The most tricky part about on-page SEO lies more on the technical side where page load speed and minifying JavaScript, HTML, and CSS files becomes super important.

Here, most beginners would have an incredibly difficult time because these parts require some prior understanding of web development, web design, and programming. Hence why SEO is often a team effort at many SEO agencies and companies. In those settings, you have content marketers, SEO professionals, web designers, and web developers working together on client websites.

Content Marketing

Content marketing is also a major factor in successful SEO campaigns. Where a lot of people get content wrong is they believe that it’s a one-time deal. Getting a new website built and with strong content from the beginning will help, but it’s all about what you do after to build your brand authority.

A big focus will be on blogging and social media, and both of those take a lot of consistency to become an expert. Being able to create one blog and one social media post one time is not going to cut it. You must learn about the basics of copywriting and how to make your content profitable.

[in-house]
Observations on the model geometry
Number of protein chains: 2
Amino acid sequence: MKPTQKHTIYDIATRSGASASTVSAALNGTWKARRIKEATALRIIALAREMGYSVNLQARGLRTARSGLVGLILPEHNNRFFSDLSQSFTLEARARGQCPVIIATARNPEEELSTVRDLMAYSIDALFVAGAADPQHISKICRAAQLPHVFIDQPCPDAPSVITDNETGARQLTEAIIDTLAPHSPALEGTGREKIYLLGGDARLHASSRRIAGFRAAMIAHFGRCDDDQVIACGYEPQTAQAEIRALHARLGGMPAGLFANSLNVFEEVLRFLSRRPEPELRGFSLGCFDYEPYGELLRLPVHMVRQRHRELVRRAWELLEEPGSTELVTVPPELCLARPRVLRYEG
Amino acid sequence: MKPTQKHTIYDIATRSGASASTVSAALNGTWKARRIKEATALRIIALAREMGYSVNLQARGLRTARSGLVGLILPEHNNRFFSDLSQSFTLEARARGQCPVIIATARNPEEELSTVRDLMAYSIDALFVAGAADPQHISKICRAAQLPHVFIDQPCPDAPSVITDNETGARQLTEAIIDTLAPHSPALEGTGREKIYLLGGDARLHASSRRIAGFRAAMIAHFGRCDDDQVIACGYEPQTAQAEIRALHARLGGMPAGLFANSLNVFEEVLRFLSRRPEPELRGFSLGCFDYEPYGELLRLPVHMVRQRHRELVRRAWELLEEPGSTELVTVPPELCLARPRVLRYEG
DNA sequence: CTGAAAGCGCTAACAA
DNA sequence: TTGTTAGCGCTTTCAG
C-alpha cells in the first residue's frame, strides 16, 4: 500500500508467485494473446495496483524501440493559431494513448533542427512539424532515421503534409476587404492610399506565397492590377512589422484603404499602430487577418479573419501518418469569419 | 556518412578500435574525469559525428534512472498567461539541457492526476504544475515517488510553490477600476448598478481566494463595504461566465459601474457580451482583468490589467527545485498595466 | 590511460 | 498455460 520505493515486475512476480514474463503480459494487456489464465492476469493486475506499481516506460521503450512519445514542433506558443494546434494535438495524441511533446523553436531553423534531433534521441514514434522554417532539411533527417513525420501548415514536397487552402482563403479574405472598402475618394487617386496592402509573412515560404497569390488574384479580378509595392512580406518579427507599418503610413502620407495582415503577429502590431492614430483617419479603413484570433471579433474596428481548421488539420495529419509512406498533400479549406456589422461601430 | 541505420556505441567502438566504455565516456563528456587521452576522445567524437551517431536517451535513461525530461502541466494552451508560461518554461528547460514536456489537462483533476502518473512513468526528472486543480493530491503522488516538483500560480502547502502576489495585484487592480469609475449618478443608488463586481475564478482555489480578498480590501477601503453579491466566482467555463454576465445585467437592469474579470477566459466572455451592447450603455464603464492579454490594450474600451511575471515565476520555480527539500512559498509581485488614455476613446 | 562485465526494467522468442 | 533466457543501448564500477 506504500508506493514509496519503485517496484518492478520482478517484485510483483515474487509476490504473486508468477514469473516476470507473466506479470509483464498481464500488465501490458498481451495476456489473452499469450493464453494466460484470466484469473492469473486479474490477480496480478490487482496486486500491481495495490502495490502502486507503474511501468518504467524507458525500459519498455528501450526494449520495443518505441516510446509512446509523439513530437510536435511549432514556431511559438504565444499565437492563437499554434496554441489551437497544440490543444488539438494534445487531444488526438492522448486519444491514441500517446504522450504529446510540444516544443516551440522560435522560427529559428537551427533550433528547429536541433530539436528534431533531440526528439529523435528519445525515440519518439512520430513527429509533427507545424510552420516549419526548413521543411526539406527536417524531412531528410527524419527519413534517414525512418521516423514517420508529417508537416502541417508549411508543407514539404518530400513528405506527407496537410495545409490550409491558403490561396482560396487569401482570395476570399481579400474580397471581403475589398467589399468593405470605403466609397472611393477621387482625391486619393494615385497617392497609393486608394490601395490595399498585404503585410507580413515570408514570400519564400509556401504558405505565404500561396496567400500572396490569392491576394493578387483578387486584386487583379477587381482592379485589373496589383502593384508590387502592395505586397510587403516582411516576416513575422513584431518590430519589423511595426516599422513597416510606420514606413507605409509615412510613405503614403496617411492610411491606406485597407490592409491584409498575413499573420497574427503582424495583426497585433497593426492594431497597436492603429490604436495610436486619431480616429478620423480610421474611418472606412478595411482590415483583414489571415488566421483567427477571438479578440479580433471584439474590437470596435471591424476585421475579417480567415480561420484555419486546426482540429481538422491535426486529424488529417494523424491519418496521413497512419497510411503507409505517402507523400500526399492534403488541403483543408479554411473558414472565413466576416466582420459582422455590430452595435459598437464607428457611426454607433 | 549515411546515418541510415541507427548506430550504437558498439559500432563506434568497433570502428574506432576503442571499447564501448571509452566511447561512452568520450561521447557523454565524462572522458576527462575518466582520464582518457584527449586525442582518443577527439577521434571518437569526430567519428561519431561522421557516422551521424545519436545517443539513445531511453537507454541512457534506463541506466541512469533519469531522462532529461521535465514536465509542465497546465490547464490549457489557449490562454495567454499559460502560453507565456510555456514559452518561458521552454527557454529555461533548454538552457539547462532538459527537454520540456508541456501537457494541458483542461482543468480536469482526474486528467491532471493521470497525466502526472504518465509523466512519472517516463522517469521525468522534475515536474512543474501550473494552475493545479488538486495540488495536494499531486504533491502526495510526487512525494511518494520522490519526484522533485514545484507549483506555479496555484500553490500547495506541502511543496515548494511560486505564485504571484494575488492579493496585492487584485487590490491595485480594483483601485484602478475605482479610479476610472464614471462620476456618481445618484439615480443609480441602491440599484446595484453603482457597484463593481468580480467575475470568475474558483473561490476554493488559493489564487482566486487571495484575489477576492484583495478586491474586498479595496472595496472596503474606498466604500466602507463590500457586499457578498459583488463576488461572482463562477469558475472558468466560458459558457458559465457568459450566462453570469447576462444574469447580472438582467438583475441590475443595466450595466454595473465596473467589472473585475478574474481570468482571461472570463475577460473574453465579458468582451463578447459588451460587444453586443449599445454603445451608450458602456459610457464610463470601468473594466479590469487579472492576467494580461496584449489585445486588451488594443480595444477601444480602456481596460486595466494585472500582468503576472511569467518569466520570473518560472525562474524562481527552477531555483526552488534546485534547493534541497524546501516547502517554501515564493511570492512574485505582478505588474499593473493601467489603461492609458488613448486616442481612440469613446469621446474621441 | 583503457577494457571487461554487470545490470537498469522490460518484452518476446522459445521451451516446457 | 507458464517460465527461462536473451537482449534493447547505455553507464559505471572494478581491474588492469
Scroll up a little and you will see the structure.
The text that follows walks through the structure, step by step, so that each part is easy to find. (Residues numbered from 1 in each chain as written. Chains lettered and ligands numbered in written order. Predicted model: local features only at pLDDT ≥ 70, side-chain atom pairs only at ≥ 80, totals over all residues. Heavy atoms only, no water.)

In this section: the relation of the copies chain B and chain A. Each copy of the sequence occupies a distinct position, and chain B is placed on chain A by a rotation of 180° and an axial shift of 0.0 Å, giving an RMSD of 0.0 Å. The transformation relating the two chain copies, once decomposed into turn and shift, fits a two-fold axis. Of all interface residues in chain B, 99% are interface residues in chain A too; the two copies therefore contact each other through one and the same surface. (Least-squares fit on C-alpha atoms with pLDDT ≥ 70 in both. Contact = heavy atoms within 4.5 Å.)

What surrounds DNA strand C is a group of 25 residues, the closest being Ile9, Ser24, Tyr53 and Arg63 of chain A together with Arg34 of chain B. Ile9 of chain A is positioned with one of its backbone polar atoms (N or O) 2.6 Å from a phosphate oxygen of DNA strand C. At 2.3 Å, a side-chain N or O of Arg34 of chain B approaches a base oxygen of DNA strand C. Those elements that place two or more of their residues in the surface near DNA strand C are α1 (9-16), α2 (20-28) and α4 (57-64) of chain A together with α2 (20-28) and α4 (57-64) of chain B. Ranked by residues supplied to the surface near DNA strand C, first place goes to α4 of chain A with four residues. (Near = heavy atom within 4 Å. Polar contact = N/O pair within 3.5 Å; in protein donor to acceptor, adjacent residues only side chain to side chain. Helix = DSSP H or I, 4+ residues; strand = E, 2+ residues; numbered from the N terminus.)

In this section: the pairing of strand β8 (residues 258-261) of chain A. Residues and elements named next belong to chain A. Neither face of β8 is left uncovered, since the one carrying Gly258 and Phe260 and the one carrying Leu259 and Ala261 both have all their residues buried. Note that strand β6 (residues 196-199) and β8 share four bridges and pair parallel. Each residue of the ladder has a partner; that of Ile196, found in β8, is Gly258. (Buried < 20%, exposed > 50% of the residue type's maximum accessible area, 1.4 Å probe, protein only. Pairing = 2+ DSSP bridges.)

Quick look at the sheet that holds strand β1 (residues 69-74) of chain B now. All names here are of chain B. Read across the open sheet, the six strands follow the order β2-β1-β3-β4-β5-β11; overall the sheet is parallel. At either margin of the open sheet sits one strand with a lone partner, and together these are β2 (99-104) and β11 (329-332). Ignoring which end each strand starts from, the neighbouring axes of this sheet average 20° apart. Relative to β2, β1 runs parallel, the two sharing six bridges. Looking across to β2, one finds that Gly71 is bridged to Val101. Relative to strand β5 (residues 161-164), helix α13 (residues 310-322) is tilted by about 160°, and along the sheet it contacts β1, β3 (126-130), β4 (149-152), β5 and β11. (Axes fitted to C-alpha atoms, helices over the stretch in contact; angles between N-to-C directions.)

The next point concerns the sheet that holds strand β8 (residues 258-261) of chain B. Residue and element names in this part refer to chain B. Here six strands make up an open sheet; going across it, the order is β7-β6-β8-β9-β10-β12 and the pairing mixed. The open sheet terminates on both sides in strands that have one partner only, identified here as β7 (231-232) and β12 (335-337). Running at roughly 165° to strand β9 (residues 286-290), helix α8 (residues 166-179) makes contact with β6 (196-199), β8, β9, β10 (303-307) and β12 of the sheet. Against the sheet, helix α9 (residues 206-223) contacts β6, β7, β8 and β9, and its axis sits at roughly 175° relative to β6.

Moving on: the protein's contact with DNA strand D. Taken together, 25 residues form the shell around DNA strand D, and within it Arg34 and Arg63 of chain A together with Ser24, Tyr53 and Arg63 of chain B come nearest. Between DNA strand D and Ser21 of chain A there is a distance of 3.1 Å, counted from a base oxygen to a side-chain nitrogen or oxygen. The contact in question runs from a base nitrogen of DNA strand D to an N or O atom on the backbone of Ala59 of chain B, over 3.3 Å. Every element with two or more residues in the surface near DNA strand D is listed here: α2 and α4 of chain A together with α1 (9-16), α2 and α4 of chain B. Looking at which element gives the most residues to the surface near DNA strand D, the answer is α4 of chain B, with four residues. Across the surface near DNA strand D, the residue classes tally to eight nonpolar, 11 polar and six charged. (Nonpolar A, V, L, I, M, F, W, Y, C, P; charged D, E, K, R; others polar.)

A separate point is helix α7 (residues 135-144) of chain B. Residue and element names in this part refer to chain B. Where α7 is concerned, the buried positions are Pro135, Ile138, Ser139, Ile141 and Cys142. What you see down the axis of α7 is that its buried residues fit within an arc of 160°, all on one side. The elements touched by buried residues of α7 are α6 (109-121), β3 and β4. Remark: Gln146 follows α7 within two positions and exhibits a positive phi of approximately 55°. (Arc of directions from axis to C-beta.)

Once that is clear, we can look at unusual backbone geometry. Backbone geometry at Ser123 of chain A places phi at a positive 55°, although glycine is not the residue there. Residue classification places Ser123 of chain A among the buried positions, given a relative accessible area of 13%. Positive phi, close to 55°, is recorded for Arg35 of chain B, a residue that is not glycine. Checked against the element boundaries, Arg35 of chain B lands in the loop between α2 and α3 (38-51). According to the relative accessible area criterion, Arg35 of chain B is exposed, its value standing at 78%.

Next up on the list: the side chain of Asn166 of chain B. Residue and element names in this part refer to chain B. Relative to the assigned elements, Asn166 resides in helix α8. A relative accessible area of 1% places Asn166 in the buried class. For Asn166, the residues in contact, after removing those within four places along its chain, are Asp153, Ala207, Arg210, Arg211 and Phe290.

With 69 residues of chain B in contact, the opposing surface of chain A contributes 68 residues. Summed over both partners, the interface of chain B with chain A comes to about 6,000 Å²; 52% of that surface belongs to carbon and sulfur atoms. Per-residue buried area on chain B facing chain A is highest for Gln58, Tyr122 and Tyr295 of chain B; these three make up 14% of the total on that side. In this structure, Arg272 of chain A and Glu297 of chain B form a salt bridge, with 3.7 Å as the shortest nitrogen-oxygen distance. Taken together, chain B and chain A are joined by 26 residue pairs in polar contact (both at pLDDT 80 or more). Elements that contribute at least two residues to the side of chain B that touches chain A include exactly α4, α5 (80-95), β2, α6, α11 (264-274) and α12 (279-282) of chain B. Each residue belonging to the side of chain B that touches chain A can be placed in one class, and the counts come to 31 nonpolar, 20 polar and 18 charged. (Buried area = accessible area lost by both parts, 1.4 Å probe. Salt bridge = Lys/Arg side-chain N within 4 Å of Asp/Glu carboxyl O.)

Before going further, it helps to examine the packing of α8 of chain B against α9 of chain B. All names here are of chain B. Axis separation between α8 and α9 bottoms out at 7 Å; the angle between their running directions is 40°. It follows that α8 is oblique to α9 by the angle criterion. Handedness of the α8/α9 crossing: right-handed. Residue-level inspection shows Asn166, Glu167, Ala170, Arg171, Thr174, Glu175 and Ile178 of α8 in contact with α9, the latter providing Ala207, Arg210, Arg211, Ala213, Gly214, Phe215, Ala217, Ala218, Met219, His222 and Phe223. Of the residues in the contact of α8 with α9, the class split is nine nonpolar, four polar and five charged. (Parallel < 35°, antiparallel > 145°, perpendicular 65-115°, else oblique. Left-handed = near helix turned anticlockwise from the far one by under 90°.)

There’s tons of content produced every day, but not as much of it that actually sells or that people will actually read. Learning how to combine content marketing with best search engine optimization practices will set you apart from the average content writer.

Off-Page SEO and Link Building

After you have all these elements on your website, off-page SEO becomes the focus. Off-page SEO isn’t as simple as reaching out to someone and asking them to feature your website. In 2018, it involves many different pieces. How strong is your Google My Business presence? Do you have testimonials on Facebook, Yelp, TripAdvisor, etc.? Have you submitted your website to local directories and citation websites?

When you look at off-page SEO, you realize that there’s a steeper learning curve. Link building is touted as a way you can get more authoritative backlinks, but there’s a price to be paid there, especially if you do it the wrong way.

We recommend focusing on promoting your content on social media, where you’ll likely have people share what you write and post it onto their websites. Offer as much value as you can by commenting on blogs and giving your expertise. Many blog owners won’t allow blatant advertising or self-promotion, so that’s why the off-page SEO process can also take a while.

There are no easy shortcuts with off-page SEO, only time, consistency, quality, and patience.